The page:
We understand the many concerns and questions parish faith formation program leaders are considering regarding what adaptations will be necessary or at least advisable moving forward.
Here are some of the questions we’re getting:
- How do we balance our desire to assist families in passing on the faith against their many curricular and extra-curricular obligations, especially in a time where they may have good reason to wish to avoid regularly gathering in groups?
- What will the guidelines and requirements for gatherings be in the fall, next winter, next spring?
- How do we adapt to these continued changes?
Our team is available to assist you in discussing your goals and available resources at any time.
We strongly encourage you to consider hybrid on-line/in-person, parish/home programming that works toward the goal of equipping and supporting parents as the primary educators of their children in the faith (see Lumen Gentium #11). We believe it is possible to offer content that helps build engagement among families in the life of faith at home and that this goal should be foremost among the goals of our children’s faith formation programming.
In support of this goal, we have developed Project Nazareth, a family-based, at-home, faith formation resource available to parishes and families in the Archdiocese of Boston for free in English, Spanish, and Portuguese. Please visit projectnazareth.org for more information. In addition, we offer the resource recommendations you will find elsewhere on this page. Lastly, please visit https://www.bostoncatholic.org/virtual-evangelization for more evangelization and formation resources.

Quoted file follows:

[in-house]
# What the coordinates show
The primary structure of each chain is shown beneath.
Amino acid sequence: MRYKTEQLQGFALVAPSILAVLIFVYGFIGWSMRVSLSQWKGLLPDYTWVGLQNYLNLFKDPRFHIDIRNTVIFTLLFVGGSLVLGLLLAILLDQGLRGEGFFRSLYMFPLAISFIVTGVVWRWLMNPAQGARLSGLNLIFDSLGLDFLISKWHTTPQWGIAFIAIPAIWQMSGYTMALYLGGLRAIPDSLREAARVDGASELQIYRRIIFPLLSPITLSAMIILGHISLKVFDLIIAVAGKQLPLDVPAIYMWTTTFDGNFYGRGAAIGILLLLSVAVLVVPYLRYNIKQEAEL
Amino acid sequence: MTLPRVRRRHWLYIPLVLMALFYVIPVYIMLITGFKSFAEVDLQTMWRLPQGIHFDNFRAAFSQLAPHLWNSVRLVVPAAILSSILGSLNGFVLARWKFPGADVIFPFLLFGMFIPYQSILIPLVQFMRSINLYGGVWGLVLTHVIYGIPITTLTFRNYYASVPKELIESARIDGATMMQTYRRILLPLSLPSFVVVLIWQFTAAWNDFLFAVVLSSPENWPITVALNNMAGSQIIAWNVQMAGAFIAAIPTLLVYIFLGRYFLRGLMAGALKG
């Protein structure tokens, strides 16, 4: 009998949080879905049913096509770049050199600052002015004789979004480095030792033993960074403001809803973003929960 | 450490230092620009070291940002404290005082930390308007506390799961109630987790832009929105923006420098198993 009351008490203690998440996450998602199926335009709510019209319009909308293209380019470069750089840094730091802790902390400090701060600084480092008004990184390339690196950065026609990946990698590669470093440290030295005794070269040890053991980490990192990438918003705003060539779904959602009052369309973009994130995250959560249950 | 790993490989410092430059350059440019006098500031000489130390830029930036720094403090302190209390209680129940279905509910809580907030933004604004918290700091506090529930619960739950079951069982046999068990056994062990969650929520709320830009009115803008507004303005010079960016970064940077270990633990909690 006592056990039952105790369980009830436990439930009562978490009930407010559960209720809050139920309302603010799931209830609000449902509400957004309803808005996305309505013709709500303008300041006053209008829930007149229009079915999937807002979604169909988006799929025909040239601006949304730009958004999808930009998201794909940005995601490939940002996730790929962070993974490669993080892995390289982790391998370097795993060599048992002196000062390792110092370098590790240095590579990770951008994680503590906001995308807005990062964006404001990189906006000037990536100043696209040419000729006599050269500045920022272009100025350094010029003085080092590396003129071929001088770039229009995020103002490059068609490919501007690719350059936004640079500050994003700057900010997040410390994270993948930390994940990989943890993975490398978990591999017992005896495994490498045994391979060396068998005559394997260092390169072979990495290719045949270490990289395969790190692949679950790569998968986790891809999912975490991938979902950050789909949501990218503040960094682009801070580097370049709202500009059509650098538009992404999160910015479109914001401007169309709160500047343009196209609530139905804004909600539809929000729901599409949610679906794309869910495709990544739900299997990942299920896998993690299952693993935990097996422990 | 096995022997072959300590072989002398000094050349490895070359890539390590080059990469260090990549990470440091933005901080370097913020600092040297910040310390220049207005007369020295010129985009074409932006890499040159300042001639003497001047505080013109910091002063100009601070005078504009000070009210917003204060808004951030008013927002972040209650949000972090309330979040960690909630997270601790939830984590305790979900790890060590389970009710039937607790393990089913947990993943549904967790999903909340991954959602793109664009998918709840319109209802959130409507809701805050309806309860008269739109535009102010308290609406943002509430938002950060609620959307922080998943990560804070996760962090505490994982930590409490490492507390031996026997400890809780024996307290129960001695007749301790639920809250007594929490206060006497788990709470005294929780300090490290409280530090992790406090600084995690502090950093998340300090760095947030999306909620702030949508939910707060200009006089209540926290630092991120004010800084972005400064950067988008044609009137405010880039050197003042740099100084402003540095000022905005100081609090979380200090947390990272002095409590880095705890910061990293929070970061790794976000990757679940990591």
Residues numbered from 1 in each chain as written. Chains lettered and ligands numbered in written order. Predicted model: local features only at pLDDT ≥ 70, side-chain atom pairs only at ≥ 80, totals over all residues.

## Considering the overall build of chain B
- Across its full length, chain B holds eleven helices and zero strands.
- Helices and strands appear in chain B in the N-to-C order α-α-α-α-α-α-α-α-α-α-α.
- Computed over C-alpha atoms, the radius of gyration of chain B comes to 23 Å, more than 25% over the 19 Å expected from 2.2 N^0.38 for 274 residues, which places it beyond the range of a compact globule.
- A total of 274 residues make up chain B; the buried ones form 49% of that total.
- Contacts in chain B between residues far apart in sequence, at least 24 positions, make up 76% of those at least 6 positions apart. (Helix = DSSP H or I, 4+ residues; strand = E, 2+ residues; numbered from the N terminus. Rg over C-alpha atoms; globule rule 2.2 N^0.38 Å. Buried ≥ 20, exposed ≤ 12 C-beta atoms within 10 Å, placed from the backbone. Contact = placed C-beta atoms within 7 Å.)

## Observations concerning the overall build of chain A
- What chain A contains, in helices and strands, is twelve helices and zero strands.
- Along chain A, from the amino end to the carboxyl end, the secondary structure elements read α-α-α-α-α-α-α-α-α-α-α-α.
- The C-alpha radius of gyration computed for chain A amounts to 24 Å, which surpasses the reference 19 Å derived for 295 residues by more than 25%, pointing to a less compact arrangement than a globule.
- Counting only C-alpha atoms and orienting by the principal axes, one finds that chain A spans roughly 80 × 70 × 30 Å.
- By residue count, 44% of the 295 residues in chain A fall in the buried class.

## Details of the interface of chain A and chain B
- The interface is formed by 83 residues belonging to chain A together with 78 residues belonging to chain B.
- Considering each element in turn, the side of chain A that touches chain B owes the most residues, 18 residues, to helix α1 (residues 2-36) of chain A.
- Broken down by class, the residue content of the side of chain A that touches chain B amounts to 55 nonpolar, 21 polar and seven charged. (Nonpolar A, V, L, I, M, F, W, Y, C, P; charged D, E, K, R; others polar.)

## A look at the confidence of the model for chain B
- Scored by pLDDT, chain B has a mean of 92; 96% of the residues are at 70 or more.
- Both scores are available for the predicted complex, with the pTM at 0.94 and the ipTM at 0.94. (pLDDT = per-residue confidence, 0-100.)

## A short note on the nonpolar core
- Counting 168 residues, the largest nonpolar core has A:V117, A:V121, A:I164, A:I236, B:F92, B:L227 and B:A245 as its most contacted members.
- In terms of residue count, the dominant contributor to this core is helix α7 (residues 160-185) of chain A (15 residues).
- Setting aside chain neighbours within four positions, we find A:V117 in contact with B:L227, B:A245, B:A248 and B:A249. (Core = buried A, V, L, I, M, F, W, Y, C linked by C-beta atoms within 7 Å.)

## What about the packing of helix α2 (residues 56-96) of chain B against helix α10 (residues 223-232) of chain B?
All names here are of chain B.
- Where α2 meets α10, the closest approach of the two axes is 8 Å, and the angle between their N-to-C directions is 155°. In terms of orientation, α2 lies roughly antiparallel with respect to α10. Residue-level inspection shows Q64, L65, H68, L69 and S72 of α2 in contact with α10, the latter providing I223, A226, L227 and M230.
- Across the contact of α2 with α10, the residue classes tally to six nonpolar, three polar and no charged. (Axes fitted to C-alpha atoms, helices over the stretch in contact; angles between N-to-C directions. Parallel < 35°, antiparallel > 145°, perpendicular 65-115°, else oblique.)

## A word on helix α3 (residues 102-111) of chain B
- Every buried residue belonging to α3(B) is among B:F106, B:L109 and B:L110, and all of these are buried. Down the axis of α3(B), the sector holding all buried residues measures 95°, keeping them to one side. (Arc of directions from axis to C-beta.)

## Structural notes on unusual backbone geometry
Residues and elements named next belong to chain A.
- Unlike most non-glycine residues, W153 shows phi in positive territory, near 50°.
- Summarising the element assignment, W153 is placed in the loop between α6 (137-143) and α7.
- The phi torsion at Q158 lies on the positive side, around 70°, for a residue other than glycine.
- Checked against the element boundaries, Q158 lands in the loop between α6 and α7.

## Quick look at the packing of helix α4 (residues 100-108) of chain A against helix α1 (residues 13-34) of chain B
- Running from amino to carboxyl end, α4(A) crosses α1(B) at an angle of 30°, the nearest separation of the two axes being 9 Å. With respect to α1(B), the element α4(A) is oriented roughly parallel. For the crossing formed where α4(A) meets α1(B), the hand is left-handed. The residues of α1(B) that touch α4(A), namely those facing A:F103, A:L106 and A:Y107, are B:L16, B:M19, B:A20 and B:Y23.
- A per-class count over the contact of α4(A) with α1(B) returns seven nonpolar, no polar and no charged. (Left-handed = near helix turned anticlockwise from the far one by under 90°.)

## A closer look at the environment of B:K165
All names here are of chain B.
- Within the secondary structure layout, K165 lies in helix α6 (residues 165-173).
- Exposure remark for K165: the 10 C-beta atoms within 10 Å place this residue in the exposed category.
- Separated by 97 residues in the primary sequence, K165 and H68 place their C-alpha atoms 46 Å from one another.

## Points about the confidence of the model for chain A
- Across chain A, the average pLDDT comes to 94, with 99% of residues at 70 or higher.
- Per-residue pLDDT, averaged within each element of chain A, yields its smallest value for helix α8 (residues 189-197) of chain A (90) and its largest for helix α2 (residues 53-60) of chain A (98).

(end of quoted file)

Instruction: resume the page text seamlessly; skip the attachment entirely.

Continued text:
In the News
I Have the Perfect Youth Ministry
EDMUND MITCHELL - You read that right. I have the perfect youth ministry. There are only 5 youth in the program, but these kids are gonna change the world. We have a small budget. But, we meet every day of the week. You wanna talk relational ministry? I spend HOURS with these kids.
I’m working with the parents to make sure there is really good catechesis happening in the home. We do social events, retreats, discipleship, and I show them how to pray. Sometimes we have small groups, sometimes I just answer their questions. We go on trips together and share meals together. I post a lot about the program on social media.
The Catechetical Directory and the Ways of Beauty
WORD ON FIRE - The Vatican has released a new directory for catechesis, and while most people can be forgiven in thinking that this might be an updated phone book for catechists, it is actually a guidebook for all involved in religious instruction on how to teach the faith effectively in the new world of the digital age. The English translation of the directory came out on July 20, and we can glean some insight into its basic approach from the press conference remarks made by Archbishop Salvatore Fisichella, the president of the Pontifical Council for the Promotion of the New Evangelization.